Sweden – New Guidance for Employers Regarding Non-EU/EEA/Swiss Nationals

Sweden – New Guidance for Employers Regarding Non...

The Swedish Migration Board has issued a regulation clarifying employer obligations under Swedish law (the Alien Act) when a citizen from a country outside the European Union (EU), European Economic Area (EEA), or Switzerland is hired or posted to work in Sweden. Employers need to be aware of their notification, registration, and documentation/record-keeping requirements.


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Flash Alert 2014-112

The Swedish Migration Board has clarified employer obligations under Swedish law (the Alien Act) when a citizen from a country outside the European Union (EU), European Economic Area (EEA), or Switzerland is hired or posted to work in Sweden.1  

The obligations originate from EU Sanctions Directive 2009/52/EG and were introduced in Sweden’s Alien Act already in July 2013. The clarifications were published in Regulation MIGRFS 9/2014 in October 2014.


Employers need to be aware of their notification, registration, and documentation/record-keeping requirements in respect of non-EU/EEA/Swiss nationals posted to work or hired in Sweden.  Failure to comply with the new rules may result in fines and other sanctions.

New Obligations Clarified in Regulation MIGRFS 9/2014

The employer is required to:

  • Establish that documentation is in place which verifies the right of the non-EU/EEA/Swiss national to stay and work in Sweden or, alternatively, that said national is exempt from the requirement to hold a work permit;
  • Retain copies of relevant documentation for the duration of the employment period and a subsequent 12-month period; and
  • Under all circumstances report to the Swedish Tax Agency that the non-EU/EEA/Swiss national has been employed and/or posted to work in Sweden and for which position he or she has been employed and/or posted.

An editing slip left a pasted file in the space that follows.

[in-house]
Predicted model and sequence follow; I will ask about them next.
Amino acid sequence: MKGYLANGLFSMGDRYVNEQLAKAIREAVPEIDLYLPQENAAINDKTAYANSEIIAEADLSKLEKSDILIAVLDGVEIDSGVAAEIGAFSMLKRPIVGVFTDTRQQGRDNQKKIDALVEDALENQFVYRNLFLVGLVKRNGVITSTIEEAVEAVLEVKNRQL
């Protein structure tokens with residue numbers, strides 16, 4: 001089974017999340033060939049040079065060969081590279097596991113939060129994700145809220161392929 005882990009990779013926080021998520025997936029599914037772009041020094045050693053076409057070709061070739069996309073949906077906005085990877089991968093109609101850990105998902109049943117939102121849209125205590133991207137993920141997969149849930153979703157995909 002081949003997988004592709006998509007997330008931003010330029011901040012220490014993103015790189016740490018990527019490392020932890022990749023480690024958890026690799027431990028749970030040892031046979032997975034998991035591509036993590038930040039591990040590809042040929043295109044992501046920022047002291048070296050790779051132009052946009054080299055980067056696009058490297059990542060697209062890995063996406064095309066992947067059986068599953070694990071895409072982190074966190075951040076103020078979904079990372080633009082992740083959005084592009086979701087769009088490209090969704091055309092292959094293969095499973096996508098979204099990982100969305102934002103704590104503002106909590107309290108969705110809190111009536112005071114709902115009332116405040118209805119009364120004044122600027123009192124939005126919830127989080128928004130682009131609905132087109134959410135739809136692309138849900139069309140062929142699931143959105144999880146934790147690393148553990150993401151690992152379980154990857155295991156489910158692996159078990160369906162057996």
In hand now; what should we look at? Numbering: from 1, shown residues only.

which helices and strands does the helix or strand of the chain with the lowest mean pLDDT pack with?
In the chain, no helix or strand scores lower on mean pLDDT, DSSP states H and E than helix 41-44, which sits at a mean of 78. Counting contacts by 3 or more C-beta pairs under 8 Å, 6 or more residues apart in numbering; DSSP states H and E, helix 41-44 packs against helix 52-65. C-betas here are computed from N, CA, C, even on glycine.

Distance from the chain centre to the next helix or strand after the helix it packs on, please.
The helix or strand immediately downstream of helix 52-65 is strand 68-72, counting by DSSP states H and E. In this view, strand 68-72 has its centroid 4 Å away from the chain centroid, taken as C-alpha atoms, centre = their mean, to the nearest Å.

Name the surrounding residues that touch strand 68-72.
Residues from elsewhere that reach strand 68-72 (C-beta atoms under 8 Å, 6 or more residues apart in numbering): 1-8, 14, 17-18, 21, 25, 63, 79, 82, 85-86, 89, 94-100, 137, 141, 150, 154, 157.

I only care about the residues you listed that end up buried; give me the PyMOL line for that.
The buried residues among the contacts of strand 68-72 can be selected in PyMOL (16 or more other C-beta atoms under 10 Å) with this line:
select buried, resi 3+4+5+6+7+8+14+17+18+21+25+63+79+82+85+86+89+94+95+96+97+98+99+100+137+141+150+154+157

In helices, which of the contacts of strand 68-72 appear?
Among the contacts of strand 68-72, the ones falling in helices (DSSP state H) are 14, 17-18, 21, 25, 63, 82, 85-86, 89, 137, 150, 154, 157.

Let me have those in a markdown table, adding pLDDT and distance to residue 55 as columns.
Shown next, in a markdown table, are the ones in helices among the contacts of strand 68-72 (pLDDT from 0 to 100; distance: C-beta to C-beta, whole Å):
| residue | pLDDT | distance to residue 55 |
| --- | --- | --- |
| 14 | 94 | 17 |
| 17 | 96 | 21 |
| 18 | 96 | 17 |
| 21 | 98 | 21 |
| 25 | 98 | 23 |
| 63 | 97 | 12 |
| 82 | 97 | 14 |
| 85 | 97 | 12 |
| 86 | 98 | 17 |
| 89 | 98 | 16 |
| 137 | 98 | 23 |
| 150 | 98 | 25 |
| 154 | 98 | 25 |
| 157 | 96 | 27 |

Swedish as well as non-Swedish employers must fulfil the obligations.  

The employer definition under Sweden’s Alien Act applies regardless of who is deemed the “employer” for tax purposes or who pays the salary.

Non-EU/EEA/Swiss nationals living in Sweden permanently and who are required to hold a work and residence permit, are covered by these obligations; so are said nationals who may be exempt from Sweden’s entry visa or work permit requirements.  Documentation requirements vary depending on the circumstances.

Non-compliant employers may be subject to penalties and may also be subject to criminal proceedings.  For instance, for 2014, the employer penalty fee amounts to SEK 22,200 in respect of each employee for which the employer has not instituted the proper controls and requirements and failed to report on time (SEK 44,400 after three months). 



Employers with employees who are subject to these new rules may wish to consult with their professional immigration advisers to establish their obligations and set up procedures for the necessary controls, documentation collection, and reporting requirements in respect of their non-EU/EEA/Swiss nationals posted to or hired in Sweden. 


1  For additional information, see Migrationsverkets föreskrift (PDF 250 KB) MIGRFS 9/2014 (Migration Agency regulation MIGRFS 9/2014).


This article is excerpted, with permission, from “Employer Obligations in Sweden for Employed and/or Posted Citizens from Countries outside EU/EEA/Switzerland” published in Tax News (6 November 2014), a publication of the KPMG International member firm in Sweden.


For further information or assistance, please contact your local GMS/People Services professional or the following professionals with the KPMG International member firm in Sweden:


Heléne Markström

Tel. +46 (0) 31 61 48 17



Katrin Fahlgren

Tel. +46 8 723 9147


The information contained in this newsletter was submitted by the KPMG International member firm in Sweden.

© 2017 KPMG AB, a Sweden corporation and a member firm of the KPMG network of independent member firms affiliated with KPMG International, a Swiss cooperative. All rights reserved.

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